The anti-globes 

1 June 2002

The BBC replaced the globe with dancers – but will, asks Ian Beaumont, the new look be as impressive and memorable as what went before?

On Good Friday 2002, BBC One officially unveiled its new look idents on a public that had been expecting them ever since Lorraine Heggessey made a statement saying that she would be getting rid of the balloons.

The new look launched with eight “lifestyle” idents, featuring various dances of the world in different locations around the UK.

The new idents follow a recent trend in branding to move away from central symbols and single idents, towards greater symbolism and variety of idents. In effect, the new logo is basically the white BBC One in the red box.

This also is a reflection of another fashion to use typefaces rather than graphics as the main identity. This habit can be spotted in most ITV1 idents and in most of Sky’s channel idents.

Another thing to note is that the box logo look has been imported from BBC Two and BBC Four, and that on those channels, the box logo is used not just in idents, but in programme promotions and channel promotions.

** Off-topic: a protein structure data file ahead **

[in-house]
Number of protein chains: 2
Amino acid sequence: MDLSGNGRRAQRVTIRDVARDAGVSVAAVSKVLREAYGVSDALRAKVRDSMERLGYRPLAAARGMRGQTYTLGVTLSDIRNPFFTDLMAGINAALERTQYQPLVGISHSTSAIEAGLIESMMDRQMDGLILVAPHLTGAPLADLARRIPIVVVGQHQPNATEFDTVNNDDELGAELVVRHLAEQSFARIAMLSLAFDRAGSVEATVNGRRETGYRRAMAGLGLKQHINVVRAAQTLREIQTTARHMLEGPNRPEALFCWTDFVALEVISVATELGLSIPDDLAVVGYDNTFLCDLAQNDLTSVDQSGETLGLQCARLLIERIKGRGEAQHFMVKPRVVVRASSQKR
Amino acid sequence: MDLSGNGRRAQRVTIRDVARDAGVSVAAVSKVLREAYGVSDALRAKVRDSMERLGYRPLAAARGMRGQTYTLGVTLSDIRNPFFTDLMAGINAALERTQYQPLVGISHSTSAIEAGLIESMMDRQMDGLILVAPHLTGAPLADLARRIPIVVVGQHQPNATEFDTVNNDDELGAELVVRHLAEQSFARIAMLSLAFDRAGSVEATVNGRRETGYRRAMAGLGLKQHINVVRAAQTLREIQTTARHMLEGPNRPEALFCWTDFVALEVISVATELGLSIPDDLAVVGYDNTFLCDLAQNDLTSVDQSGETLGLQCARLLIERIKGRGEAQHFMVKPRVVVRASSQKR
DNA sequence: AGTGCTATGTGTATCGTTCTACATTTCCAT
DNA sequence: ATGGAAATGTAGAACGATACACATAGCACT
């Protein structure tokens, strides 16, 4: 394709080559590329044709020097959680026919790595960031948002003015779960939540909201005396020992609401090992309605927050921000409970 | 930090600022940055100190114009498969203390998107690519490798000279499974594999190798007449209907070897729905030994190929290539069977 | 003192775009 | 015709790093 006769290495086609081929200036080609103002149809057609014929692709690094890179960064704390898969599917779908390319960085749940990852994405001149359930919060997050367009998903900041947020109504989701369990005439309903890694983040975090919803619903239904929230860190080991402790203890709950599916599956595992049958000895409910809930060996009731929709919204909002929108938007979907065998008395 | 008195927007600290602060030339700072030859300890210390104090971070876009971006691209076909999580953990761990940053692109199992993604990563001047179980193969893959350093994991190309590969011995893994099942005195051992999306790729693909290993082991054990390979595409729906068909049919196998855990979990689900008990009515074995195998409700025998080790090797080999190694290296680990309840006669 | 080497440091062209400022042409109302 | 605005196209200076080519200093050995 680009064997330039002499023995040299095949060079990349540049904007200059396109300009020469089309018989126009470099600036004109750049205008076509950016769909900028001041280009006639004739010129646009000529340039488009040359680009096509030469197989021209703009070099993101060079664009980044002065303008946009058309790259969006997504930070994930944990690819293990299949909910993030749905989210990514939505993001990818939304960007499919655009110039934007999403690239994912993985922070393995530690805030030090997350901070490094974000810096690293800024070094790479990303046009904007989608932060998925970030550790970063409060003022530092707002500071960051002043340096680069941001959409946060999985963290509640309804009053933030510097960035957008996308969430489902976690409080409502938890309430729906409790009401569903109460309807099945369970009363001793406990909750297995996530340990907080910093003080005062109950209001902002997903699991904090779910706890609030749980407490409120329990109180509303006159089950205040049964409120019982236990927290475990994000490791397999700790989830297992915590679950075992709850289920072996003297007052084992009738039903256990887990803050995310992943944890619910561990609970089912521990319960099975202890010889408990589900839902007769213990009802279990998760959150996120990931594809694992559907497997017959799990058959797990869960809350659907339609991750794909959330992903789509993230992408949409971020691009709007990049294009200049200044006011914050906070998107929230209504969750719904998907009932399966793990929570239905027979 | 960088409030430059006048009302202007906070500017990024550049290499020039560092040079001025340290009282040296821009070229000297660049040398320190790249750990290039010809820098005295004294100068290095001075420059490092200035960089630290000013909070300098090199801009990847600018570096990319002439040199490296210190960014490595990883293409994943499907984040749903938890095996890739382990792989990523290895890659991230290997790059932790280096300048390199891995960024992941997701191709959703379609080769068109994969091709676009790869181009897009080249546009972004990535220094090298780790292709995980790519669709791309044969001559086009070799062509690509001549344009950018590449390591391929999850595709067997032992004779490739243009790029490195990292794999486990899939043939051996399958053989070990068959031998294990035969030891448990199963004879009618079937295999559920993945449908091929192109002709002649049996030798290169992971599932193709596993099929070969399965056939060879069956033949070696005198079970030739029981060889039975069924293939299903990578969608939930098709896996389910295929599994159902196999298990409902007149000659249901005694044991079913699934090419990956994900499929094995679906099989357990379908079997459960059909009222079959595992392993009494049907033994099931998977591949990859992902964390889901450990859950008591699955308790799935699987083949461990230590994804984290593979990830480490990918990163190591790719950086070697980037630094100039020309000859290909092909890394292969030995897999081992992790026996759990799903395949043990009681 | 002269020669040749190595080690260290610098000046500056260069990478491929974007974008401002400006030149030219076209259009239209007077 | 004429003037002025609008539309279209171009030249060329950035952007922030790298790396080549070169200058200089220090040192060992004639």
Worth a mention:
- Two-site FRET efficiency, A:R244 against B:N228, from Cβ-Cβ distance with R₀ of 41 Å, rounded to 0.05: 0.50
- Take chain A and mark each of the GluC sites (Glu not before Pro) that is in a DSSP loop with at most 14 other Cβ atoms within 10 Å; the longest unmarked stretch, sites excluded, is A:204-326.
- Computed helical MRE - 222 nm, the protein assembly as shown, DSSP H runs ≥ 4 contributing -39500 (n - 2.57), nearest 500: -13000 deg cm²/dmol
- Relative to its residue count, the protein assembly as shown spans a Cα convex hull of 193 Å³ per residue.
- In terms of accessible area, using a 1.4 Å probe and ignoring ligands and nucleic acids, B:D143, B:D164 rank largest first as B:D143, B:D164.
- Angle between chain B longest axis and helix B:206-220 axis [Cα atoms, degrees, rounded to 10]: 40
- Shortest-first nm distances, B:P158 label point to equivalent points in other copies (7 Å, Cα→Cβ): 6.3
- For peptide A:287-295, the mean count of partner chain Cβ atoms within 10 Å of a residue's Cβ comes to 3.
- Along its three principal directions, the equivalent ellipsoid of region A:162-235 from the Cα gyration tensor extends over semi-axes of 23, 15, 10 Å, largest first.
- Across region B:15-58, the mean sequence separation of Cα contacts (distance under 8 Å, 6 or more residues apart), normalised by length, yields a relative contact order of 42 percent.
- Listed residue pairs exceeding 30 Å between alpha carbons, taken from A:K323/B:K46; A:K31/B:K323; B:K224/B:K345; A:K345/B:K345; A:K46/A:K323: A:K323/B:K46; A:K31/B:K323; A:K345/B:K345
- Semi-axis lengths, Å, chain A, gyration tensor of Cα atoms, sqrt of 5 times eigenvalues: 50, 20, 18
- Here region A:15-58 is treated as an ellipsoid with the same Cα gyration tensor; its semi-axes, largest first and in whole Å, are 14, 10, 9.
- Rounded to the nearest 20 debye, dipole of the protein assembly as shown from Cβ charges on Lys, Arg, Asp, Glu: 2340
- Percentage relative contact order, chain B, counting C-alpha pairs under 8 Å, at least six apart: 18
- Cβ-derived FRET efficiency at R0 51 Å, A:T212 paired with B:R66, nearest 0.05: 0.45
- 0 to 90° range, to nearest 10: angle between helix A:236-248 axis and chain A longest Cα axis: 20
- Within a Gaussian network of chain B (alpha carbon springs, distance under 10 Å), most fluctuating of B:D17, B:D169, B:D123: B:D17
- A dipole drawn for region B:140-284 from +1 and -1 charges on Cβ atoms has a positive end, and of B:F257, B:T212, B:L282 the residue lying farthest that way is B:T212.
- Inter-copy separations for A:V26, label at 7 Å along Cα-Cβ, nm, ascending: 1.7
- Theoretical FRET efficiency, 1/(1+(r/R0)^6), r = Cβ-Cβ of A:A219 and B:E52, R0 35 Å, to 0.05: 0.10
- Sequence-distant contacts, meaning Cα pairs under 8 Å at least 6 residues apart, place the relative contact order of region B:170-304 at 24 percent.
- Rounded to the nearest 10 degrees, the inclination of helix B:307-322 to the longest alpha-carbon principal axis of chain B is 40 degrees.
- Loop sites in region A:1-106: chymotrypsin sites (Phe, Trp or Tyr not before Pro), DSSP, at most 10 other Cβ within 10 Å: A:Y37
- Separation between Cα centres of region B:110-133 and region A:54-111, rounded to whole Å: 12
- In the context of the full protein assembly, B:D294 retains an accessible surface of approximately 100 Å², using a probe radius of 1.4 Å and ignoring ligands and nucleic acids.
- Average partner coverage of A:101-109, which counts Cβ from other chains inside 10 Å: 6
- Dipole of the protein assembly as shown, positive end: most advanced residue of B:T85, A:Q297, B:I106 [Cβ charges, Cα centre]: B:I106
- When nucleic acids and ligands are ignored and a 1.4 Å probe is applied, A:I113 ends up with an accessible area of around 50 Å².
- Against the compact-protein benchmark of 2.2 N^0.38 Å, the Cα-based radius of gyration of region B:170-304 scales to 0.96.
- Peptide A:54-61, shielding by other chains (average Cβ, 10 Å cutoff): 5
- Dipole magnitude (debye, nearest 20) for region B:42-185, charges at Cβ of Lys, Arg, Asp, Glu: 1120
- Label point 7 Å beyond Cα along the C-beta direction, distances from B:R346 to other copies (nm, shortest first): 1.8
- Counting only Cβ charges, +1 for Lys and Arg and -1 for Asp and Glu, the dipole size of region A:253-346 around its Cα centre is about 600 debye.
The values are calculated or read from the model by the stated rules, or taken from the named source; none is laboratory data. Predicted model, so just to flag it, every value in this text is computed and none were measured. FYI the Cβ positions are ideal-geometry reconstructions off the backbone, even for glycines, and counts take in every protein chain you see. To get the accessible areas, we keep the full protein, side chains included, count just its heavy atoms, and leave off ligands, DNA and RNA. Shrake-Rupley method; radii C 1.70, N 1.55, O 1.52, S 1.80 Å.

The BBC One box logo will be used in a similar fashion. Some have suggested that a move such as this is dangerously blurring the lines between idents, programme promotions and channel promotions. It is also said that the lack of a consistent symbol shows a lack of identity for the channel.

The box logo is being seen as an extension of the on screen graphic that is usually fixed permanently in the corner of almost all digital TV channels.

Critics claim that too much faith is being put into this idea, and its time to look again at the effectiveness as a branding tool that these kinds of permanent on screen logos have in marketing a channel.

Observers are also suggesting that the BBC will have to update their look more often because of the lack of identity.

However fans of the new look point out that the new idents are energetic and vibrant, giving the channel a distinctly contemporary feel, saying that the globe was seen as old fashioned and out of touch with modern television.

The new look provides a more modern, energetic and progressive style, while at the same time showing the channel still is recognisable, familiar and has wide appeal to all kinds of viewers.

Will these idents become as popular as the balloon ones? In an ever growing, ever changing multichannel world, whether these new idents will ever truly replace the globe that has been part of BBC One’s iconography for almost 40 years is something that will be closely watched by media analysts.

A Transdiffusion Presentation

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